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Aids In Africa

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Autor:  anton  04 December 2010
Tags:  Africa
Words: 679   |   Pages: 3
Views: 206

Imagine living a life filled with misery and death. Every morning, you get up and have breakfast with your husband and children. One of the children at the table is already doomed to die in infancy. During your routine trip to work, you notice a teenager living alone caring for his younger siblings. He has no food, shelter, or source of income. You then notice a man who is desperately sick and has no access to a doctor, clinic, medicine, food, shelter, or even clothing. After a few hours of hard work, you eat lunch with your colleagues. Every other colleague is already fatally ill. Your Sunday afternoons generally consist of funerals and a visit to your best friend who is infected by "the death plague." Each night you go to bed fearing adults your age will not live into their 40s. Everyone you know including yourself and your neighbors and your political leaders act as if nothing is happening.

Across all of Africa, this nightmare is in fact a reality. The word that is usually never spoken in this country is AIDS, and here in the middle of humanity's deadliest cataclysm, the ultimate tragedy is that so many people do not know В— or do not want to what is happening.

As the HIV virus sweeps mercilessly through these lands, a few try to address this terrible disease. Upon hearing of this death virus, the rest of society looks away. Flesh and muscle melt from the bones of the sick in packed hospital districts. Corpses stack up in morgues until those on top crush the identity of the faces underneath. Raw earth mounds scar the landscape: grave after grave without names or numbers. Young children grieve for their parents who were lost in their prime.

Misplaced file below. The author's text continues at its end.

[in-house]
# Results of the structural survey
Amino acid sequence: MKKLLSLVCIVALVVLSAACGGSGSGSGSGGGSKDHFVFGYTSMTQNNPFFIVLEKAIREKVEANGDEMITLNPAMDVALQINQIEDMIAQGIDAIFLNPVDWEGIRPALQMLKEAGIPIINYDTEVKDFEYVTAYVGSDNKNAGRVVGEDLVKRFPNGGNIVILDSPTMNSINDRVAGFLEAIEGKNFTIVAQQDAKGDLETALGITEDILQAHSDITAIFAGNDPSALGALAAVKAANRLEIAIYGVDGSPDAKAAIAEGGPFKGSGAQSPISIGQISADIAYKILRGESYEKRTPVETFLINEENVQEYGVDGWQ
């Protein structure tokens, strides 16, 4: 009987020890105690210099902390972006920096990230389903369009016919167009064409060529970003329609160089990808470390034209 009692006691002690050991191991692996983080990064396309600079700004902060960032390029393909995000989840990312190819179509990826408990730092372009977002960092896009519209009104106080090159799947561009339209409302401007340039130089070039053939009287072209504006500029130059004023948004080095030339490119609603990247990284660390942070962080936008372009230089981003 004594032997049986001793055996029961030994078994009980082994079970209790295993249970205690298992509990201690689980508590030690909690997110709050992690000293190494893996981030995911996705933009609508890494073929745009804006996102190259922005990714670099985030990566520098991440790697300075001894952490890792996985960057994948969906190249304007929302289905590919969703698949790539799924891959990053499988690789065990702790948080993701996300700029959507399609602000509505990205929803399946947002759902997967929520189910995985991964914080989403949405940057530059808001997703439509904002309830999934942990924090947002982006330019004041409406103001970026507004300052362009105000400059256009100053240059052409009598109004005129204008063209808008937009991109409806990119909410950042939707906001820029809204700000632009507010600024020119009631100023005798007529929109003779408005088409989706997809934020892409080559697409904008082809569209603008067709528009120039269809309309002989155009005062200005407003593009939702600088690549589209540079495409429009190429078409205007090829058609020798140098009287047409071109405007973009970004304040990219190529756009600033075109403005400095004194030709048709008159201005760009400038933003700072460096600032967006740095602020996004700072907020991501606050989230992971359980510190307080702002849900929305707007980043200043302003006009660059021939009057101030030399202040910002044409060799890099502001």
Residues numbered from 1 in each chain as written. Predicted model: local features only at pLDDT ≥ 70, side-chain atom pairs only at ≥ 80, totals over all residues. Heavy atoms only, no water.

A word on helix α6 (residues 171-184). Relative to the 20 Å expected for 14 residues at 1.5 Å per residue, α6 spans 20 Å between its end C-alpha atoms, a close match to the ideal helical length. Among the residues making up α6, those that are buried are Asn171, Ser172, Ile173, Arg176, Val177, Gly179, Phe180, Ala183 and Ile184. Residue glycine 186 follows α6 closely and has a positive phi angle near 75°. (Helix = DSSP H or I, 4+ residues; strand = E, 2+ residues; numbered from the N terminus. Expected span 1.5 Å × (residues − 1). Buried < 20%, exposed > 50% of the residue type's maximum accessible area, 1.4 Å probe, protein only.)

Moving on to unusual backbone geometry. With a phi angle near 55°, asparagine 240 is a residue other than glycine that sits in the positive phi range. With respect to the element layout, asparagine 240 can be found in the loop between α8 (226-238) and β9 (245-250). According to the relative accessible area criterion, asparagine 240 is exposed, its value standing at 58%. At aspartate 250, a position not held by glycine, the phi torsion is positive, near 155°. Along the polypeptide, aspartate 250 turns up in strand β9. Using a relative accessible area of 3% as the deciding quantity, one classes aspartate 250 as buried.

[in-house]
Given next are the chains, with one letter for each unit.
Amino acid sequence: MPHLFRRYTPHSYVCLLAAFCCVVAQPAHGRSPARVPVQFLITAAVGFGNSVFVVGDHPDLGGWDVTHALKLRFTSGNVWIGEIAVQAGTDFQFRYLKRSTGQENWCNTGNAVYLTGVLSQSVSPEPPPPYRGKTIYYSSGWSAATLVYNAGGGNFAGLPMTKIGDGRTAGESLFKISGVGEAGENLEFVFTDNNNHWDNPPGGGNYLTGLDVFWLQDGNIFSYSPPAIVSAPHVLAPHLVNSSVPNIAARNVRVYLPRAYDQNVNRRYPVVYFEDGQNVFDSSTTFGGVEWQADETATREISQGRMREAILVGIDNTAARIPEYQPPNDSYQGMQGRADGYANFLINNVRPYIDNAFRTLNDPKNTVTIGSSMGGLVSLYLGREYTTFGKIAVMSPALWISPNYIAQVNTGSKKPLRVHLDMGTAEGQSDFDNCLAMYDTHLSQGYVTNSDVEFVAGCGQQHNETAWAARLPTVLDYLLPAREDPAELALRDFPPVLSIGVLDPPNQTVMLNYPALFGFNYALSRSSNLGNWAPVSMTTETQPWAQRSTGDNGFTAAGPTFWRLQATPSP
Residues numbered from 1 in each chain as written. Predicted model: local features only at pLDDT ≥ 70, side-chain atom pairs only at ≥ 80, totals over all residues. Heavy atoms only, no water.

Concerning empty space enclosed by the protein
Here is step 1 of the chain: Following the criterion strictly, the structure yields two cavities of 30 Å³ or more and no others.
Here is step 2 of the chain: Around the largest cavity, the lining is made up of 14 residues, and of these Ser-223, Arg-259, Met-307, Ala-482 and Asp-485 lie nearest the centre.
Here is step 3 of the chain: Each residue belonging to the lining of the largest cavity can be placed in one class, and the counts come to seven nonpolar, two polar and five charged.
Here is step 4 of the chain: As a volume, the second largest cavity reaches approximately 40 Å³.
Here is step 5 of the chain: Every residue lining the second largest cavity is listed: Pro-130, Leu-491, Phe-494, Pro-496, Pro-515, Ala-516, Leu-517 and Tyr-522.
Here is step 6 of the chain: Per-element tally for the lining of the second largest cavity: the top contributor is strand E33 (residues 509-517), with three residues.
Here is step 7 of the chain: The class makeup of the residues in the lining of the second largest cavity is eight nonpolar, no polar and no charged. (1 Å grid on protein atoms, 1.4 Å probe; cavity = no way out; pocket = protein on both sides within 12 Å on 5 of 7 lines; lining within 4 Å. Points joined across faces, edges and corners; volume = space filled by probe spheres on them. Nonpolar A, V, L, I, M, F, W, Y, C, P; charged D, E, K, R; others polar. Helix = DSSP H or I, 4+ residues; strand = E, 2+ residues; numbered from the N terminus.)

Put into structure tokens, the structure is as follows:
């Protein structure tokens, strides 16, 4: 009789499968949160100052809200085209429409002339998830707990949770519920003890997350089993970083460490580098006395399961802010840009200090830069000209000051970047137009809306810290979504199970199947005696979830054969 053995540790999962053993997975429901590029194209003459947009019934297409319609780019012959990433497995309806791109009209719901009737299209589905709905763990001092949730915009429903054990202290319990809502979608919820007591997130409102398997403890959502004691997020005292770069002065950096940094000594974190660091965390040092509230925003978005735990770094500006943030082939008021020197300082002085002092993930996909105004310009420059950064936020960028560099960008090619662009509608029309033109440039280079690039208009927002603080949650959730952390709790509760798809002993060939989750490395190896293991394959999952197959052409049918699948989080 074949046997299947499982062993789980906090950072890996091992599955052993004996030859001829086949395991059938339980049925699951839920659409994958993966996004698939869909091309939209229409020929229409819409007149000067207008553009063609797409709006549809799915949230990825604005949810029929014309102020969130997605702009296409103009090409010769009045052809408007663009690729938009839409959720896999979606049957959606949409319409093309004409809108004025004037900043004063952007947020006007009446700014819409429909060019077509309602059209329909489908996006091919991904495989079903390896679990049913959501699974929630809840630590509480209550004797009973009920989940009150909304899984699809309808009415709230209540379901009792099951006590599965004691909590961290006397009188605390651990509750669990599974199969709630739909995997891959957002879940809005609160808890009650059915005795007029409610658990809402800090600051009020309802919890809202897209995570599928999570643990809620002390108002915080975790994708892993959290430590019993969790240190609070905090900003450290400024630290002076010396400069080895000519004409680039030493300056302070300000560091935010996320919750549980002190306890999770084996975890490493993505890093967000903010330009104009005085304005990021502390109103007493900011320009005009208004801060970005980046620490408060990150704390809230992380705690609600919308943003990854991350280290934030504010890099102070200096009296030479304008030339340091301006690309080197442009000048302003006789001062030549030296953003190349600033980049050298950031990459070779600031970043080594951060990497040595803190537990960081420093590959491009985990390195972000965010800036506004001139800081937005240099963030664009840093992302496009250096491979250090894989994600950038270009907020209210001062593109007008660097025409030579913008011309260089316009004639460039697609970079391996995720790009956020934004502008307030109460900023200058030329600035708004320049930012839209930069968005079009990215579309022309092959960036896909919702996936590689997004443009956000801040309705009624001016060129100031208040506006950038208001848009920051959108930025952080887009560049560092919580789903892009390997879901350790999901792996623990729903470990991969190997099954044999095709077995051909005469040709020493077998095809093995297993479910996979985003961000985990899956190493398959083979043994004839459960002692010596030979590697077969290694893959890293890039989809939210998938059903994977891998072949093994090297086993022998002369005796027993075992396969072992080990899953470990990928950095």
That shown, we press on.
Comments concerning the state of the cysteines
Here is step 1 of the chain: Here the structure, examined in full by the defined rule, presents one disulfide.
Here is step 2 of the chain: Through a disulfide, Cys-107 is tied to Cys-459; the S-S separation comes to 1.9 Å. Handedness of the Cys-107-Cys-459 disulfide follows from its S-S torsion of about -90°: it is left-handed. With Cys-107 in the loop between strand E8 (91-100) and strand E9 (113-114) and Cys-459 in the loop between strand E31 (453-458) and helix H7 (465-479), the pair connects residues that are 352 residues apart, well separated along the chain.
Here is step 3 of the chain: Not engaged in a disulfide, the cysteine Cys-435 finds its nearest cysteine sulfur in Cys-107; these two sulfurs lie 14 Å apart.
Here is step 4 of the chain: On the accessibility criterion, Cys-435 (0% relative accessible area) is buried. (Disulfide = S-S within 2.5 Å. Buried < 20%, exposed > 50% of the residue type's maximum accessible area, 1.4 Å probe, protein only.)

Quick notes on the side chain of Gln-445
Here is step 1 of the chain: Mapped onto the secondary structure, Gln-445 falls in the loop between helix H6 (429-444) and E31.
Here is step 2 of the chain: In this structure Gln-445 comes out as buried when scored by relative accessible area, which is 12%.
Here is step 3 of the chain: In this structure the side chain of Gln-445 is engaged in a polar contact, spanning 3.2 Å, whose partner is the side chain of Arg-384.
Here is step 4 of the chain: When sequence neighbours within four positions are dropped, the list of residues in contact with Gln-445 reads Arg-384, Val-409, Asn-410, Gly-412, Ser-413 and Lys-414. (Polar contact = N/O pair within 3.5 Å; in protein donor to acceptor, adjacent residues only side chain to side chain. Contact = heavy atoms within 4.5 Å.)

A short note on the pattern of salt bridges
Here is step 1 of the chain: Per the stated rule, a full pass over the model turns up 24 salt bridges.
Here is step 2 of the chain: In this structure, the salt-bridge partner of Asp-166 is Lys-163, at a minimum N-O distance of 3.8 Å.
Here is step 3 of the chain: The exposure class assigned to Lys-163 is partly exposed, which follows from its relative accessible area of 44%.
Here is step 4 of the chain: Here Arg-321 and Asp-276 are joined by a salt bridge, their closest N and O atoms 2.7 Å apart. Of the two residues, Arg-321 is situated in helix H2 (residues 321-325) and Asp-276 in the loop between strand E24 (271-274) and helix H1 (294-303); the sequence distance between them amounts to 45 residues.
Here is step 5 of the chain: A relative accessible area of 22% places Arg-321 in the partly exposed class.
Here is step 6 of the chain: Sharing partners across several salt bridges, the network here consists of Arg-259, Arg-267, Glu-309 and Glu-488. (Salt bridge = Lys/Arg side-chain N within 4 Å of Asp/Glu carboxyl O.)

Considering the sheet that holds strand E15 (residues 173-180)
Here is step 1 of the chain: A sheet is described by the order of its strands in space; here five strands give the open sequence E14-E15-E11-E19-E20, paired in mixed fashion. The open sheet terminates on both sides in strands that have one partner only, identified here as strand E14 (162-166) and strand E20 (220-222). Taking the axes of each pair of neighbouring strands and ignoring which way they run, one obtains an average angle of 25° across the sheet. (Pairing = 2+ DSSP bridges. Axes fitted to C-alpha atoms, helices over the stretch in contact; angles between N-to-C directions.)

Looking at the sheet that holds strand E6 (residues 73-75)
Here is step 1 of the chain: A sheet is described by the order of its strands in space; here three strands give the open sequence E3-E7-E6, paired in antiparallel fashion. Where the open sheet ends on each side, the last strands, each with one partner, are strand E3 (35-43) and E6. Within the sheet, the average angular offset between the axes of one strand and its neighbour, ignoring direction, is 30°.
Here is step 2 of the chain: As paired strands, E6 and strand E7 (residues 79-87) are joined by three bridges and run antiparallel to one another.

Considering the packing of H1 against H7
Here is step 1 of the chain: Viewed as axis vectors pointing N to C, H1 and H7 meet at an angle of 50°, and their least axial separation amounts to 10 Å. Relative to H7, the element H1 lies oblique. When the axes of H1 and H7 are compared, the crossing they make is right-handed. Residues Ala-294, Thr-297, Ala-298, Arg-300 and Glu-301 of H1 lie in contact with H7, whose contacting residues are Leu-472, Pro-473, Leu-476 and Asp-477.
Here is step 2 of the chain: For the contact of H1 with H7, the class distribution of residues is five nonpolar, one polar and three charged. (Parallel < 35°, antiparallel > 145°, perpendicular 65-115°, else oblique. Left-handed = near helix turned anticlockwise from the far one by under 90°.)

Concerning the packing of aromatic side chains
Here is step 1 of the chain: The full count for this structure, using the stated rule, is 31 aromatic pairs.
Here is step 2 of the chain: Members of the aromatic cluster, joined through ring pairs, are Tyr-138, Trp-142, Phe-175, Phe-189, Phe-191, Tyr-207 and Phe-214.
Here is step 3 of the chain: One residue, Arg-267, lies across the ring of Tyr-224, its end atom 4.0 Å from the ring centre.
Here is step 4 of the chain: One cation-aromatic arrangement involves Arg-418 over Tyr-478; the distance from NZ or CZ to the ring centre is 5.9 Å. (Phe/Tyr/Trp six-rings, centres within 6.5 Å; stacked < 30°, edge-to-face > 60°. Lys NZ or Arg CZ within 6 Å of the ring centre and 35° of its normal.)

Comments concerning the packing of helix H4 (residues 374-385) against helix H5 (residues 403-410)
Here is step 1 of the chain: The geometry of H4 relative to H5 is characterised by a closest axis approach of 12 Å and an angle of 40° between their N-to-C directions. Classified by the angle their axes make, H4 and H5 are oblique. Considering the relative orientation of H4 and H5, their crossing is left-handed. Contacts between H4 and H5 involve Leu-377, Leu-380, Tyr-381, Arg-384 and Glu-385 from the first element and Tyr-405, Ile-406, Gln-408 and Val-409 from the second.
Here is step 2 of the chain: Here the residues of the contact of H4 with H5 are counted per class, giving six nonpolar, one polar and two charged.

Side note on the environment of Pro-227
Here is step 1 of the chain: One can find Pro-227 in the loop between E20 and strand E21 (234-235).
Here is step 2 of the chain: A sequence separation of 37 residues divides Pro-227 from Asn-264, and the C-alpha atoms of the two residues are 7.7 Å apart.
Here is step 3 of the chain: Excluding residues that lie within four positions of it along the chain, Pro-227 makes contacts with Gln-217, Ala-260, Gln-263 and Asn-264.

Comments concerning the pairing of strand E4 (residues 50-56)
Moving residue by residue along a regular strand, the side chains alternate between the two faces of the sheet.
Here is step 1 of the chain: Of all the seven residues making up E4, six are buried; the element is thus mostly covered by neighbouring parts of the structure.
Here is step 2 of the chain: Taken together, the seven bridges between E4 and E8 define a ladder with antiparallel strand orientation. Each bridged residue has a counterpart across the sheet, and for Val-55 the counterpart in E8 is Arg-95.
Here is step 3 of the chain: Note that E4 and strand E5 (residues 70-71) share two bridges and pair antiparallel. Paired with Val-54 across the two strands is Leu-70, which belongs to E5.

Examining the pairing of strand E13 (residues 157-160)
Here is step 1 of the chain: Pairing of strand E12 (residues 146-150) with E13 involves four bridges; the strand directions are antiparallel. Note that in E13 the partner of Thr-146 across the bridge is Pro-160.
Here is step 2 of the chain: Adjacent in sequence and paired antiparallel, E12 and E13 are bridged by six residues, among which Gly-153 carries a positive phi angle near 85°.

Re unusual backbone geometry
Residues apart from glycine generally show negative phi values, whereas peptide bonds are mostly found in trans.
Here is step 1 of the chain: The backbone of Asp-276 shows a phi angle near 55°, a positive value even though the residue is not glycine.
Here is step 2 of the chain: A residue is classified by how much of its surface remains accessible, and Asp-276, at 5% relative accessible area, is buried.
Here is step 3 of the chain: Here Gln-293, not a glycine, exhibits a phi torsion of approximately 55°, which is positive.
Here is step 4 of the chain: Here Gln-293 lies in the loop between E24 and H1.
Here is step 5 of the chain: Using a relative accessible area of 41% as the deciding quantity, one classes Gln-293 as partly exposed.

AIDS kills some 6,000 people each day in Africa. This toll on life is much higher than any war, famine, or flood. Millions of children become orphans because their parents could not survive this silent killer. In Africa, approximately 25 million people suffer from AIDS while the rest of the world has fewer than 10 million cases. So why do we continue to let one continent tolerate this disease? Breaking the silence is the first way our generation needs to combat this disease. Sadly, most Africans have never even heard of AIDS much less know what it actually is. The first way to combat AIDS is to prevent the spread of the virus through education. Our government can play an important role in this by funding a program that educates a large majority of the population. The second way to combat AIDS is by offering treatment to those who are infected. Currently, the treatment can only be purchased by the upper and middle-class citizens in Africa due to its high price. Most citizens are not of those classes and therefore require assistance from other developed nations or companies. American pharmaceutical industries can help by offering African nations treatments through the use of loans. Offering just $1 billion over the next 5 years would be enough to treat millions of suffering Africans.

Helping combat this disease will be by no means easy; however, it will benefit much of the world in the end. It is not right to sit down and let an entire continent suffer from this virus. The developed world is largely silent just like several African countries, so we are also the ones to be blamed. We pay sporadic attention to this disease, turning on the spotlight when an international conference occurs, and then turning it off. Good-hearted donors donate; governments acknowledge that more needs to be done. The problem is that there is too much talk and not enough action. We must devise a plan to help out Africa and put an end to the suffering. We are the generation that needs to halt humanity's greatest crisis.



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